Maps played a crucial role in shaping the American West, literally and figuratively, from the sixteenth through the early twentieth centuries. Explorers, government officials, railroad companies, emigrants, land developers, tourists, and teachers made and used a wide variety of maps to comprehend the West’s geography and exploit its resources. Regarded together, these maps present the larger history of the West in microcosm, offering a fresh lens through which to interpret the region’s culture and its significance. Drawing on the Newberry’s rich cartographic holdings, this seminar will investigate frontier mapping from a variety of perspectives, including those of mapmakers, patrons, and consumers. We will pay special attention to the place of Chicago in this history, tracing its evolution from an Indian place name on early maps to the economic capital of the West and a major center of cartographic production.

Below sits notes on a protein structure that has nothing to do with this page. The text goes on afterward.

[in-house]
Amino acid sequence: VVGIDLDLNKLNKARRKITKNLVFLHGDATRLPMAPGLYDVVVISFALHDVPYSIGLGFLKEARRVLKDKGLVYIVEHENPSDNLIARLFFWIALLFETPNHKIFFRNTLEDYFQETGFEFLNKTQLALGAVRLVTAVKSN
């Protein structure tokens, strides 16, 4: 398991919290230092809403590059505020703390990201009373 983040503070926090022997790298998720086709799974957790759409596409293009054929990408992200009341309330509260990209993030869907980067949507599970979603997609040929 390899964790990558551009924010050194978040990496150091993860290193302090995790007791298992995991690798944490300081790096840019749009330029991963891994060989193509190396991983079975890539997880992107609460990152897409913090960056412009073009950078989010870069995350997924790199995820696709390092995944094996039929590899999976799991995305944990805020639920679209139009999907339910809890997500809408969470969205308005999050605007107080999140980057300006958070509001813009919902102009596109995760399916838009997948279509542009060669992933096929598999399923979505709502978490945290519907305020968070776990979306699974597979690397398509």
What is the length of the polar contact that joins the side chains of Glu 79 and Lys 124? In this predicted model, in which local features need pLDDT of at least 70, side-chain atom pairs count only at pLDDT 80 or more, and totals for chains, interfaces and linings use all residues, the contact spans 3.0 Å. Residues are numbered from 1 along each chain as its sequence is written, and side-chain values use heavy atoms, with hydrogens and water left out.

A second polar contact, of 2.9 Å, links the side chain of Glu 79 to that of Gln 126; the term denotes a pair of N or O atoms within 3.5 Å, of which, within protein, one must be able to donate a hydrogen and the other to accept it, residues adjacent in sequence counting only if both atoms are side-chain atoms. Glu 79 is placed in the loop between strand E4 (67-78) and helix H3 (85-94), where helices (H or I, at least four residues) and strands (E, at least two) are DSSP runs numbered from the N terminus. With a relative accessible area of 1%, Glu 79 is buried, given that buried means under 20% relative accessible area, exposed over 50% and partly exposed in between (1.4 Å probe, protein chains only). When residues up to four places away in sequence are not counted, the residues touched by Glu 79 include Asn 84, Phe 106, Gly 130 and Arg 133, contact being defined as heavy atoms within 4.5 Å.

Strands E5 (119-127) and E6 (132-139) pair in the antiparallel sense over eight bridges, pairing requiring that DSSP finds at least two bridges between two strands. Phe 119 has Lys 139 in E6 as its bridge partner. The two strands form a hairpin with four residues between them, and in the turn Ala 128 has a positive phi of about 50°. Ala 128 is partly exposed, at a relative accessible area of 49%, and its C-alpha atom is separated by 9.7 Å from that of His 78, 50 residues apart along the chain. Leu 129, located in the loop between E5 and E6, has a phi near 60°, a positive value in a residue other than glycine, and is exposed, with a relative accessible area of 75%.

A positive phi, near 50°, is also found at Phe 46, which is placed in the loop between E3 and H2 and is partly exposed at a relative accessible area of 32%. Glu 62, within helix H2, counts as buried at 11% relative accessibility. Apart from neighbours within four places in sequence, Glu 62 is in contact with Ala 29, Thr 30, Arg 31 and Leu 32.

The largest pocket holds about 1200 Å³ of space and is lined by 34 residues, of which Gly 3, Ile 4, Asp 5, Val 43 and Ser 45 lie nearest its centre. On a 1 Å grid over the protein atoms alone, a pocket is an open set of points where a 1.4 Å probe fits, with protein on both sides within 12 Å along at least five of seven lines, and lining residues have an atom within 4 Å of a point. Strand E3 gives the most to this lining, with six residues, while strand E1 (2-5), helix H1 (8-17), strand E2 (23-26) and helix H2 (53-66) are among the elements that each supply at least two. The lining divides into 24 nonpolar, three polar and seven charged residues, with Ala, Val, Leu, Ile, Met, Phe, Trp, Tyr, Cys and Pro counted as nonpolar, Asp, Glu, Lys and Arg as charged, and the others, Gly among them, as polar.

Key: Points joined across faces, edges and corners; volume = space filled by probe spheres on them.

For registration information, please contact Charlotte Wolfe Ross at firstname.lastname@example.org
*There will be a follow-up lesson planning workshop as well as an end of the year wrap-up session in addition to the two-day seminar.